The Swarm

October 11, 2012

A Rational Conversation: Light in the Attic's Matt Sullivan on Making Undiscovered Music Relevant Today...

Eric Ducker



A Rational Conversation is a column by editor and writer Eric Ducker. Every week he gets on iChat or Gchat or Skype or whatever with a special guest to examine a subject that’s been on his mind.

Over the past decade, the Light in the Attic label has gained beloved status among music connoisseurs for its practice of releasing gorgeous reissues of under-loved albums from the likes of Betty Davis, Gabor Szabo, Karen Dalton, Jane Birkin, and Ray Stinnett – but 2012 has proven an especially banner year for the indie imprint. The increased interest stems from the success of the label’s two Rodriguez reissues following the acclaim of this year’s Searching for Sugar Man documentary; in addition, Light in the Attic released what might be the unexpected breakout album of the moment in Donnie & Joe Emerson’s Dreamin’ Wild, an objet trouvé masterpiece of beguiling, unwittingly experimental soft rock recorded in the ‘70s by two Washington State teenage farm boys. Dreamin’ Wild garnered massive coverage beyond the expected music-blogging frontliners, appearing everywhere from major-media outlets like The New York Times and L.A. Times to tastemaker mainstays like Pitchfork. Meanwhile, Donnie & Joe Emerson’s affecting ballad “Baby” – which could have been a Bieber smash in a different era – even turned into a minor hit via a loving cover version by Ariel Pink, who claimed that ”‘Baby’ has been a staple on just about every playlist/mixtape I’ve assembled in the past 3 years. It is nothing short of sublime.”



That momentum continues to bubble. Last month, Light in the Attic held a tenth anniversary show in Los Angeles featuring Rodriguez, Michael Chapman, and Shin Joong Hyun; on October 12, 2012, they will host a show in Seattle with nearly the same lineup, but swapping a rare Donnie & Joe Emerson appearance for Hyun. Below, Ducker and Light in the Attic founder and co-owner Matt Sullivan discuss how to best make undiscovered, sometimes forgotten music from another time relevant to today’s tastes and economy.



Eric Ducker: Do you feel engaged with contemporary culture? On one hand, you’re immersed in the world of the past, but by reissuing it, you want people living in the present to engage with and purchase it. How do you keep it from just being a nostalgia thing?

Matt Sullivan: That’s one thing we really try to avoid, but it’s hard. Quite often, it’s an uphill battle: our job is to educate people why these records from the past are relevant today. There is always a collector audience, but our goal is to reach a younger audience as well as an older audience one who didn’t know about this artist for one reason or another. We always try to think of ways to engage a younger audience; that may be by having certain people write the liner notes, or having artists cover the songs. We’ve done the tribute or remix thing a few times, but I’m not always crazy about that. One of our first projects was we reissued the music of The Free Design, who were a 1960s pop group, and we did a remix cover series with everybody from Danger Mouse and Peanut Butter Wolf to Super Furry Animals and members of Stereolab and Belle & Sebastian. That did help reach a younger audience, but I don’t think it did as well as we would’ve liked. It was hard on the artists since there were no master tapes, and they had to go off the vinyl – there weren’t separated tracks and things like that. Now we’re celebrating the tenth anniversary of the label with a seven-inch series, released both physically and digitally, where the A-side is a contemporary cover of a song that we’ve reissued in the last ten years and the flipside is the original. We had Iggy Pop and this band Zig Zags who are on Mexican Summer cover a Betty Davis song, and on the other side is the Betty Davis original; Mark Lanegan is doing a Karen Dalton song, and Ariel Pink and DāM-FunK are doing a Donnie & Joe Emerson song. We’re doing those as a seven-inch series so they can kind of live on their own and not in a compilation, where they can get lost in the shuffle. Within that, it was important not just because of the ten-year mark, but because it shows why these songs are important. The people that you are listening to, these are the songs they are listening to – these are the songs that inspire them to make music.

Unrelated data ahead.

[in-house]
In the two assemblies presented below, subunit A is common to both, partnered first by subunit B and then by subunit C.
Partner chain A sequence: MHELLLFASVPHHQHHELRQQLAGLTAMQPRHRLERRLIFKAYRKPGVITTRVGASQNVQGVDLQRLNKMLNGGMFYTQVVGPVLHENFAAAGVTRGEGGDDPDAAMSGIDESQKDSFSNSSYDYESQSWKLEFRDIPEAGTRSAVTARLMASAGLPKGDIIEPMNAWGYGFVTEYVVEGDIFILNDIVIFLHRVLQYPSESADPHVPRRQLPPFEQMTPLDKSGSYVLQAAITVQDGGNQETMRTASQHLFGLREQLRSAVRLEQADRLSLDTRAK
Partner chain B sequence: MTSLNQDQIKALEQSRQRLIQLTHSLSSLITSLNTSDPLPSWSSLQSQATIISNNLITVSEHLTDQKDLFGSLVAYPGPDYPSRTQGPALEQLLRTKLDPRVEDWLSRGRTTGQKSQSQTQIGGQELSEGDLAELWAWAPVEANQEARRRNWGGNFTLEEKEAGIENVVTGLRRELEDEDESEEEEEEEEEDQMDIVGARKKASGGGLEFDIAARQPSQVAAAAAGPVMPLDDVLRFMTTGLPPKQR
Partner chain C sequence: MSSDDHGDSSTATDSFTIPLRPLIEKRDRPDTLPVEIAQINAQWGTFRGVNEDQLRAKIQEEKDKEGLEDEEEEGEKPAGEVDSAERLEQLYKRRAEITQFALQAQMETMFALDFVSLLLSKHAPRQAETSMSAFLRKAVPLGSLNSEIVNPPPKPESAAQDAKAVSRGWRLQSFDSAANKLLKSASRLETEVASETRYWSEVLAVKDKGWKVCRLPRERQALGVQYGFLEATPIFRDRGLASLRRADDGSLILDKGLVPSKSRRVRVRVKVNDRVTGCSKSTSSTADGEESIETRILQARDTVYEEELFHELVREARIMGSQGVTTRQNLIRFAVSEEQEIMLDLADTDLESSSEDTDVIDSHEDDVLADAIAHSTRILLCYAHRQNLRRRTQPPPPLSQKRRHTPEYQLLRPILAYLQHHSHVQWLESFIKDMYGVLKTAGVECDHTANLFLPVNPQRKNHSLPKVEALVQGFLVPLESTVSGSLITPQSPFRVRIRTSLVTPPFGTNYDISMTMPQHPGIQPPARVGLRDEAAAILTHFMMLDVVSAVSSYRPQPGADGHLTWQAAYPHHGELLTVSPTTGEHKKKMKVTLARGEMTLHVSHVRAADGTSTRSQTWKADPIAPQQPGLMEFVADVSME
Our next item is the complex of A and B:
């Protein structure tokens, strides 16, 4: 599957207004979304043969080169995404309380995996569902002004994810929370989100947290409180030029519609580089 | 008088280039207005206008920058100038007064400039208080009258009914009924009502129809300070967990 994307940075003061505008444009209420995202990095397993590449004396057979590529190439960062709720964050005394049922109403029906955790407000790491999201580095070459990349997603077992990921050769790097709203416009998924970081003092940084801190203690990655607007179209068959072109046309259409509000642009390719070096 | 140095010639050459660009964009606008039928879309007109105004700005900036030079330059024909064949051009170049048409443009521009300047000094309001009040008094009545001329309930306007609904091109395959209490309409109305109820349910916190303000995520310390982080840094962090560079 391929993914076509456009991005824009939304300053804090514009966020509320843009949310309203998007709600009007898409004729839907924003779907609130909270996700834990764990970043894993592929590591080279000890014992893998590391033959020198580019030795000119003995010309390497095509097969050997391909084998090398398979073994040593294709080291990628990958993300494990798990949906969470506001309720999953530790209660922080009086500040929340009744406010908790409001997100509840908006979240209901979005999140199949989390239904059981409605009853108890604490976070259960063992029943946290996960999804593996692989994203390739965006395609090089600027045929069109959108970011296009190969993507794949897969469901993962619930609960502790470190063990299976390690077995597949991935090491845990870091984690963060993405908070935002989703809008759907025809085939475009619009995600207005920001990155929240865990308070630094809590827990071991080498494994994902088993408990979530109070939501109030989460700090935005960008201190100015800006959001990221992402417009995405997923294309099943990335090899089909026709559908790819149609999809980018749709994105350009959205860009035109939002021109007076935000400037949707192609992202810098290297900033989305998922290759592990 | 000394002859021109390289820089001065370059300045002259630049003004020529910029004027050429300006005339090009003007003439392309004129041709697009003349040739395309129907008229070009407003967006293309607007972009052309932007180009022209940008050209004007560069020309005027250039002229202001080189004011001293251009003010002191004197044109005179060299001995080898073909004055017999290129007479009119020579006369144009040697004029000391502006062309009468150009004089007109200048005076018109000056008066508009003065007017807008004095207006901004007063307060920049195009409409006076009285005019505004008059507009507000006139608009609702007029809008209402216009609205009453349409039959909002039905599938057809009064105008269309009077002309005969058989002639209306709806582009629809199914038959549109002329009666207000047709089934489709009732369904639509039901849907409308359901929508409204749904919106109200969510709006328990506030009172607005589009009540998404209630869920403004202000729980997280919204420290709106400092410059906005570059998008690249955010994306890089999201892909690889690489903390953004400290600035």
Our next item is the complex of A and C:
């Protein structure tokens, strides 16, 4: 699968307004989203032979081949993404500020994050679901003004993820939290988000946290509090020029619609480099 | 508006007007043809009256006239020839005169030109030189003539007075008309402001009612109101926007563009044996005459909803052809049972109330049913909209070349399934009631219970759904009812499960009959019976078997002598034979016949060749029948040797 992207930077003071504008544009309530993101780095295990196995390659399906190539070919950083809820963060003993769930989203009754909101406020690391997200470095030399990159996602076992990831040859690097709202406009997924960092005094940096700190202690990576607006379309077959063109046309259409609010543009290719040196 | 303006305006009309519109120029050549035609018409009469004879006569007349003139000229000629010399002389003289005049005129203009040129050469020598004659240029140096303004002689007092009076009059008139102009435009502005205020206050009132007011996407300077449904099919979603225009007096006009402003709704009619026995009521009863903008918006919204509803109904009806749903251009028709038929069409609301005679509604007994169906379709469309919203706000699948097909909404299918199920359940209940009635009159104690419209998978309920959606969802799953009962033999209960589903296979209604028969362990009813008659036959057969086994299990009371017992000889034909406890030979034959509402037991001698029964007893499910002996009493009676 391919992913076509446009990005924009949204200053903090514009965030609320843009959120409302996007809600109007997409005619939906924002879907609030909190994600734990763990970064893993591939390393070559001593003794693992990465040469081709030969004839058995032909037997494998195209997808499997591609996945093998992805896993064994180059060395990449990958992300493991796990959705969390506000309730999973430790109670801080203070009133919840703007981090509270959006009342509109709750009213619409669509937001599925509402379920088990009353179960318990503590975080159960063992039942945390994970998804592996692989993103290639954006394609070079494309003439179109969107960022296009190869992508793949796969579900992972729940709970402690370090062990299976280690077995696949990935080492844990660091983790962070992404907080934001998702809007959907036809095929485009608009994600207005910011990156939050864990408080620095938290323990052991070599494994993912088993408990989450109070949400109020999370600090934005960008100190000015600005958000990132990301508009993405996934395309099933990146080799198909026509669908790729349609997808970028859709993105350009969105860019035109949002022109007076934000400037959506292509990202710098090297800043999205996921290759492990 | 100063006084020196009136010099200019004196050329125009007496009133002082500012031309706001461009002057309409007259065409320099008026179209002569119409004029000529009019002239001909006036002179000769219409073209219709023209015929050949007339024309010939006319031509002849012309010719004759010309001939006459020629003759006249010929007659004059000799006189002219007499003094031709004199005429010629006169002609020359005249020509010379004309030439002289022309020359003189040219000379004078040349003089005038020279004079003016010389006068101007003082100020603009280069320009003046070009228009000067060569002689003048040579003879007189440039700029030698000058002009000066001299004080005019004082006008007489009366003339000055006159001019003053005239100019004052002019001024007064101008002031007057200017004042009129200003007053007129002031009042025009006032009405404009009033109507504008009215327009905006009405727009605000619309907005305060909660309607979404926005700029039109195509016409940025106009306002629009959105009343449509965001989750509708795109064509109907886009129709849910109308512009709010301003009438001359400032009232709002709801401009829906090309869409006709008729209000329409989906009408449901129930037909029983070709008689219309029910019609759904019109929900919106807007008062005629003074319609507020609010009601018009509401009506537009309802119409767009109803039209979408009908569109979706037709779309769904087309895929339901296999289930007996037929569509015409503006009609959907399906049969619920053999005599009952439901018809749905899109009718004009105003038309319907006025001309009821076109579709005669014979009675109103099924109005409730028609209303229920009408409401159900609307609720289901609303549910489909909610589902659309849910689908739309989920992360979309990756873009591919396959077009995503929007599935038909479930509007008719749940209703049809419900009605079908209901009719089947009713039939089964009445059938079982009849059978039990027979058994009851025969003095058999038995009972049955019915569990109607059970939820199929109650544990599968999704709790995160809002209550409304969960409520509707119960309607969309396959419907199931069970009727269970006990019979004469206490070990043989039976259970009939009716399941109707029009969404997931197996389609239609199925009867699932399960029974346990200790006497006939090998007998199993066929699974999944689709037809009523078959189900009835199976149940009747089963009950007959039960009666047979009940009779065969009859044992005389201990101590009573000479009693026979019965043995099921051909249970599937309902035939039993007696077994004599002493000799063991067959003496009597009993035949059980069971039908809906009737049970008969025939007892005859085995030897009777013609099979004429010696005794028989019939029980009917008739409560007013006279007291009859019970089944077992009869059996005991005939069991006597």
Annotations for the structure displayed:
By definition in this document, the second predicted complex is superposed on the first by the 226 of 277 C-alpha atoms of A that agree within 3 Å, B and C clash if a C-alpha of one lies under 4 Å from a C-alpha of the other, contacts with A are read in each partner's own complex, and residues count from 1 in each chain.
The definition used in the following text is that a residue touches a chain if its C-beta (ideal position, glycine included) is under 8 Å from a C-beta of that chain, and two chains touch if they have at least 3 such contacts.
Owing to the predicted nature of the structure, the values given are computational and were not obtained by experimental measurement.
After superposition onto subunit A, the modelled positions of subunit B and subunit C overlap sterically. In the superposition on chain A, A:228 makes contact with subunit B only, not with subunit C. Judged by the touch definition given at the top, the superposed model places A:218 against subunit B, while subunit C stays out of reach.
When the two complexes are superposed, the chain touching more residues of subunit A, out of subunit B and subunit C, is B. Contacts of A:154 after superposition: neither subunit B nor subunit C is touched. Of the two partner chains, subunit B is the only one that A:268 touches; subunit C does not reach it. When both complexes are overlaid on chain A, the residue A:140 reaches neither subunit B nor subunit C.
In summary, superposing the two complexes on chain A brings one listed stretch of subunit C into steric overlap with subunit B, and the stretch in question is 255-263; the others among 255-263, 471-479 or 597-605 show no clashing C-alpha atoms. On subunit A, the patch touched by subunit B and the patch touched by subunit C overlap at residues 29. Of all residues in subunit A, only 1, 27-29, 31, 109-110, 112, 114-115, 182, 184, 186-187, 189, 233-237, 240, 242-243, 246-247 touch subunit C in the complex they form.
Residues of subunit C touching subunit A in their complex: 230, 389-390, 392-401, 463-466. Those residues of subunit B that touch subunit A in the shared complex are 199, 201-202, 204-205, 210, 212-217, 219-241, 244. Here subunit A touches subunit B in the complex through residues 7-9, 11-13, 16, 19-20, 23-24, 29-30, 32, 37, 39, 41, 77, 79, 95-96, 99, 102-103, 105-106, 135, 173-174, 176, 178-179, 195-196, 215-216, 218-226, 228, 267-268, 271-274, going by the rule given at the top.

ED: When you decide what you are going to reissue, do you consider the types of music that people are listening to now, like “If they are into that, then they should know about this”?

MS: No, not at all. We’re not that smart. That’s such a hard thing to gauge. We just put out things that we particularly like. For example, the Donnie & Joe Emerson record has done really well, but when we first heard the album, we didn’t know the backstory or anything; we just knew we wanted to reissue the record. As we were doing it, we found out that Ariel Pink was a fan, so we called him up and he did an interview with Donnie and Joe for our zine. Patrick [McCarthy], who is the project manager over here at the label, suggested that Ariel and DāM-FunK do a cover, and they were totally into the idea.

ED: With Rodriguez, you had the Fresh & Onlys as his backing band when he first started touring in support of that reissue, right?

MS: This guy Britt Govea – who’s behind the (((folkYEAH!))) Presents production company that puts on shows in San Francisco, the Bay Area, and Big Sur – was the one who suggested Fresh & Onlys when Rodriguez came to play San Francisco in 2009. Rodriguez didn’t have a backing band, and we were trying to find bands in every city, and fortunately Britt suggested Fresh & Onlys; they were a great fit, musically and personality-wise.